site stats
A Little of This, A Little of That Leads to Perfect Beef Stew |

A Little of This, A Little of That Leads to Perfect Beef Stew

It is almost the three-year anniversary since I sold the house and bought my condo. Moving from a 5-bedroom, 4-bathroom house to a 2-bedroom condo was not a disappointment, since I no longer had the will or the ability to take care of the house and the problems inherent in a 1690 cape.

We had done the kitchen over in the old house, and it was a wonder with its 42-inch stove, double ovens, lots of granite and butcher block, and a separate room just to use as a laundry room and pantry. But the much smaller galley kitchen in my condo is terrific, and under the bow window is an enormous shelf that holds all my kitchen equipment: a Ninja Pro blender, KitchenAid mixer, and two Cuisinart food processor (one a 14-cupper, the little one for mincing and chopping herbs and garlic).


It also holds seasonal pieces: a salad spinner, a rice cooker, and my slow cooker. I usually put away the slow cooker in the summer, but this year I will keep it handy. Two days ago I make a chuck stew that turned out to be one of the best ever. I tweaked it a bit and was glad I did. It called for slab bacon, but a quarter-pound of regular bacon worked well. I added more chuck than it called for. I added more carrots, because I love cooked carrots. I bought Guinness beer because it called for dark beer (wish I could have just bought one bottle, though). I didn’t have coarse-grained mustard so I used two teaspoons of Gulden’s. I don’t like caraway seeds, so I didn’t add any. And I had a bag of those tiny little potatoes, so I added them, too, before I cover the slow cooker. I tasted it over the 7 hours it cooked. About halfway through I thought the beer was too evident but, at the end, it was just right. Here’s the adapted recipe for a 4- to 5-quart slow cooker.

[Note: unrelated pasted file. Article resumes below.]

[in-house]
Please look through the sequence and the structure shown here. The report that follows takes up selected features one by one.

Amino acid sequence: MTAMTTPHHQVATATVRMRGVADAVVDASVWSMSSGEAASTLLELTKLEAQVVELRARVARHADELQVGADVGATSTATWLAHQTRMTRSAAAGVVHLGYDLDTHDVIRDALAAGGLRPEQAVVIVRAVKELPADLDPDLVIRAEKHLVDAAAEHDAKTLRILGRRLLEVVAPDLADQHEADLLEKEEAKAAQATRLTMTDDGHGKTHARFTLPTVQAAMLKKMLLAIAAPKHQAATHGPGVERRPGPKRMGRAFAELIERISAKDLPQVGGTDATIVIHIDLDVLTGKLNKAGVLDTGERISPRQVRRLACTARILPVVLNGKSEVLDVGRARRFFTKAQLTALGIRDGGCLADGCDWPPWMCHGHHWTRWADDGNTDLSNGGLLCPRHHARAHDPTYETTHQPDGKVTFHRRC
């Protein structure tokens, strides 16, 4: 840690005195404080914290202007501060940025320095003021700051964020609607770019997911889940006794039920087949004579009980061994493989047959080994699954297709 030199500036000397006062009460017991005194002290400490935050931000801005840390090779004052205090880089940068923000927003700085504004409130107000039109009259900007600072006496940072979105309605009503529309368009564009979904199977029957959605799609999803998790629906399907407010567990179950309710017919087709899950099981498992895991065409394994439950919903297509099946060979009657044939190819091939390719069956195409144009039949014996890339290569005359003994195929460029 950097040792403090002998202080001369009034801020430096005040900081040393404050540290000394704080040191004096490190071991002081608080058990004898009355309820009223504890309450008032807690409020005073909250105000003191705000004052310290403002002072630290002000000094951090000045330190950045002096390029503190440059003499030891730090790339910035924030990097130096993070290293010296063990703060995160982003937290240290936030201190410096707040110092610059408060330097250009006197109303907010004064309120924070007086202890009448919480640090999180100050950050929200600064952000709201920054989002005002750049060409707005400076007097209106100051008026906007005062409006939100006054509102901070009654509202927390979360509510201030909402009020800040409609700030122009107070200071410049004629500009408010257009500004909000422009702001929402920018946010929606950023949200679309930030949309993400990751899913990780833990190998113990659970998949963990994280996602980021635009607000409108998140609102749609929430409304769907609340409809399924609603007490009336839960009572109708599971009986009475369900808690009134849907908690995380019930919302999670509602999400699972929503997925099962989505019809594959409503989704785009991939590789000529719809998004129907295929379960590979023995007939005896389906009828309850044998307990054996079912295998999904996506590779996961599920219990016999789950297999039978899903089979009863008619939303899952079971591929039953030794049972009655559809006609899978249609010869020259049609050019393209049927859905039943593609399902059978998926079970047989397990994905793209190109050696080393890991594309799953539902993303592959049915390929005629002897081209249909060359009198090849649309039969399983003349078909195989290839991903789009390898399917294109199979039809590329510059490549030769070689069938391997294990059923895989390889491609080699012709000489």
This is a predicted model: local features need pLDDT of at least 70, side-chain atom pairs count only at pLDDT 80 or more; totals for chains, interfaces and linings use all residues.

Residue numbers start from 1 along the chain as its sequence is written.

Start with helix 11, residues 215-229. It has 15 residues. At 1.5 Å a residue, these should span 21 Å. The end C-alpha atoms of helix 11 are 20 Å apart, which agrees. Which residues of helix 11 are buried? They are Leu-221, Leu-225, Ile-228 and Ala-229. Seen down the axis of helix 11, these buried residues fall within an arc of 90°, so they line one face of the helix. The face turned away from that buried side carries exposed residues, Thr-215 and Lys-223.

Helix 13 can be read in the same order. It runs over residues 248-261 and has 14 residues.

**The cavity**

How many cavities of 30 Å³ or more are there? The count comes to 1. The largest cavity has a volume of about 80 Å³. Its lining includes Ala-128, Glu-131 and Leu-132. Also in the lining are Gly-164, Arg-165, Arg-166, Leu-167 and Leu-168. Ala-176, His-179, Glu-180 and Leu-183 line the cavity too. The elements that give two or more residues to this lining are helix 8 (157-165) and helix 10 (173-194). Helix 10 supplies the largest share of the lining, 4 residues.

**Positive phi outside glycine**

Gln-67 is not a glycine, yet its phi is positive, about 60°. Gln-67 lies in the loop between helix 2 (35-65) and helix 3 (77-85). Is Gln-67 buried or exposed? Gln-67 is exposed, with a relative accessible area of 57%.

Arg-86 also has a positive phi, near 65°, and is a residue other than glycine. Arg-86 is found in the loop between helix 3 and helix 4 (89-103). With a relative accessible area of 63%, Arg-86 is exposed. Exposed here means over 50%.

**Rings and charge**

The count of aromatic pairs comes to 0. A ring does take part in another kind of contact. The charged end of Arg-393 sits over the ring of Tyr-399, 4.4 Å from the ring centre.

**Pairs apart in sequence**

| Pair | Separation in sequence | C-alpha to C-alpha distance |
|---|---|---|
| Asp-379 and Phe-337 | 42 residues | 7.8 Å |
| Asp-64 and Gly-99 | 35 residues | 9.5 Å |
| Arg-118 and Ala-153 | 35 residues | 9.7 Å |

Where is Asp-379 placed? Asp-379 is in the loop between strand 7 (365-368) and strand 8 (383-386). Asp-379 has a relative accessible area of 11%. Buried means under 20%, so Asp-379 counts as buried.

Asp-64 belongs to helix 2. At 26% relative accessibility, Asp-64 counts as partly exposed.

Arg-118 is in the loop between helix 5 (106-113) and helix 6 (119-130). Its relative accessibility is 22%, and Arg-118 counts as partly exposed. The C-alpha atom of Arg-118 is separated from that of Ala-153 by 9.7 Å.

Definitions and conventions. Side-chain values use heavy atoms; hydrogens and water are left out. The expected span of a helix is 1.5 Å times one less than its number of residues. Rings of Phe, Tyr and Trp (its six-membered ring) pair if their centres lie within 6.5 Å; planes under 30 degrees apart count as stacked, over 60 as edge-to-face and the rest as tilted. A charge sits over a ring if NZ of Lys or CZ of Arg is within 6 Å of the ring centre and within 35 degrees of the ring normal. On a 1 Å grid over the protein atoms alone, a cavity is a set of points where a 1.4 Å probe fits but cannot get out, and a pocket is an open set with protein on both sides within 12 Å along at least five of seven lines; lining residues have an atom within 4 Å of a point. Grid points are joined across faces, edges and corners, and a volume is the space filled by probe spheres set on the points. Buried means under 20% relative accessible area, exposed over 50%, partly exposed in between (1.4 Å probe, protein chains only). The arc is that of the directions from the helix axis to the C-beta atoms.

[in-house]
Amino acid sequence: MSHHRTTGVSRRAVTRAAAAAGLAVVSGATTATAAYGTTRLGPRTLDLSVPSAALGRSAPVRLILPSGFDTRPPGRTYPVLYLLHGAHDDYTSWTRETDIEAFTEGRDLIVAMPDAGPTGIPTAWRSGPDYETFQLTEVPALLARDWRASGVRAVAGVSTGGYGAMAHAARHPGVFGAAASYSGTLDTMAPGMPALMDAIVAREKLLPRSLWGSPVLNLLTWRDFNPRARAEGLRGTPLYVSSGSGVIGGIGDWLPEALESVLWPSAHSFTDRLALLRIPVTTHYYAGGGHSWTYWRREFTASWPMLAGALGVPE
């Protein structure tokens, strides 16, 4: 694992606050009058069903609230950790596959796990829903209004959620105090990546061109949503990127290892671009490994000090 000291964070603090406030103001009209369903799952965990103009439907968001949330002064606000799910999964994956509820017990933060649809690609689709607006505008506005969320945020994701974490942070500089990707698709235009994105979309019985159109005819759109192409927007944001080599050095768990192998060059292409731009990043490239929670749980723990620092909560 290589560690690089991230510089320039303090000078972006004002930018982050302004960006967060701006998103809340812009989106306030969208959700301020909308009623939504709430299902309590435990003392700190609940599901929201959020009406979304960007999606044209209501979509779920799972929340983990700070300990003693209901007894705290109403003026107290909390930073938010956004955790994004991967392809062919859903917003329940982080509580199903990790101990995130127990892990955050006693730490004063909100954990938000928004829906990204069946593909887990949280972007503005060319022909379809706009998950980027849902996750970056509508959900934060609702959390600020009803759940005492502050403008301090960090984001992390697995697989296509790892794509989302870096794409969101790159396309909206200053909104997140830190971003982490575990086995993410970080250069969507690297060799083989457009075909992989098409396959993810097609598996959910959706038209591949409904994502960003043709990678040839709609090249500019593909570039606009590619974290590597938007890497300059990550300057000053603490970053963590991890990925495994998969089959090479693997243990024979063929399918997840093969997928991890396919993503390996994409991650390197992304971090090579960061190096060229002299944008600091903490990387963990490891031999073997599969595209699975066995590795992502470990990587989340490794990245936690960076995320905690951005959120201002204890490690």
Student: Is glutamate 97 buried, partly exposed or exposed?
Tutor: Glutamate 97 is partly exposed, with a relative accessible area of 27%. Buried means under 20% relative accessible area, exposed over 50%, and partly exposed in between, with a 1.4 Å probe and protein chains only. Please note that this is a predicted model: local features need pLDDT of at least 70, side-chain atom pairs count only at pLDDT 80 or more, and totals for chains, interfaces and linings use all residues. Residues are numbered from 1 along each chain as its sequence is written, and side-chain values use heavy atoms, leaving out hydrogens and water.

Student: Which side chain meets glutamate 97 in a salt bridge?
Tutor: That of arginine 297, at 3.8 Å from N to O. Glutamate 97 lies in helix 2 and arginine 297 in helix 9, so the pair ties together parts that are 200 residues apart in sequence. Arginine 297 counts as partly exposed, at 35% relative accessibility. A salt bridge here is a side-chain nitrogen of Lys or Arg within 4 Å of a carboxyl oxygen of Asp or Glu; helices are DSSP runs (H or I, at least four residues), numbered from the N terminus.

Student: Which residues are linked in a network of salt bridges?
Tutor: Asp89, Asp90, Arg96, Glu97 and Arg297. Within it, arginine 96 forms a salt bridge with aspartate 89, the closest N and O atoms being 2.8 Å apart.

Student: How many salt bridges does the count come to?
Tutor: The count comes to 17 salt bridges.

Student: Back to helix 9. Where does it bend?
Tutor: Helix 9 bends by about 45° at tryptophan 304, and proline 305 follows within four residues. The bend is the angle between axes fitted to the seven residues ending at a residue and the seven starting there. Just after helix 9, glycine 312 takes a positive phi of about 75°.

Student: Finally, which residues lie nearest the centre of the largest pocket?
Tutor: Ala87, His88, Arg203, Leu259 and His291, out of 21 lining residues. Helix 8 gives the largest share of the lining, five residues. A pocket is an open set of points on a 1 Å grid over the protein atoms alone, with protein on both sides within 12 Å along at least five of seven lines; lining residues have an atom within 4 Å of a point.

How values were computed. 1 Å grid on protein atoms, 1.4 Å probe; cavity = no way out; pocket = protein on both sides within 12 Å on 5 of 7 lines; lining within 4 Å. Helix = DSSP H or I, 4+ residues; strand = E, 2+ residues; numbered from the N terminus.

Chuck Stew with Bacon, Beer and Mustard

Adapted from The Great American Slow Cooker Book by Bruce Weinstein and Mark Scarbrough

8 ounces slab bacon, cut into ½ inch pieces

3 pound boneless beef chuck, cut into 1-inch cubes

1 cup flour, salt and pepper

6 to 8 ounces cremini or brown mushrooms, thinly sliced

½ cup chopped yellow onions

4 to 5 medium carrots, thinly sliced

I cup dark beer (I used Guinness)

2 tablespoons coarse-grained mustard

2 teaspoons freshly ground black pepper, to taste

3 tablespoons brown sugar

2 teaspoons caraway seeds (optional)

Salt to taste almost done (do this judiciously)

 

Heat a large skillet (I used a Le Creuset Dutch oven) over medium-high heat and add the bacon bits, working in batches to prevent overcrowding. Brown them on all sides, stirring only occasionally so the pieces get a sizzling crust, about 7 minutes per batch. Use a slotted spoon to transfer to the slow cooker.

Put flour, salt, and pepper into a large plastic bag. In batches, flour the beef and brown them in the rendered bacon fat. Transfer the meat to the slow cooker and soldier on until you’ve browned all of them.

Reduce heat under the skillet to medium-low; add the mushrooms and onions. Cook, stirring often, until onions soften and begin to brown, about 6 minutes.

Scrape the contents of the skillets into a slow cooker. Stir in the carrots, beer, mustard, pepper, and seeds. Sprinkle the brown sugar on the top, cover, and cook on low for 6 to 7 hours until beef is tender enough that you don’t have to think about setting the table with knives.

I also stirred and tasted after about 4 and 5 hours, to make sure the carrots were submerged. As with most braises, this stew is even better the second or third day.

Category: Skillets  Tags: ,  Comments off
You can follow any responses to this entry through the RSS 2.0 feed. Both comments and pings are currently closed.

Comments are closed.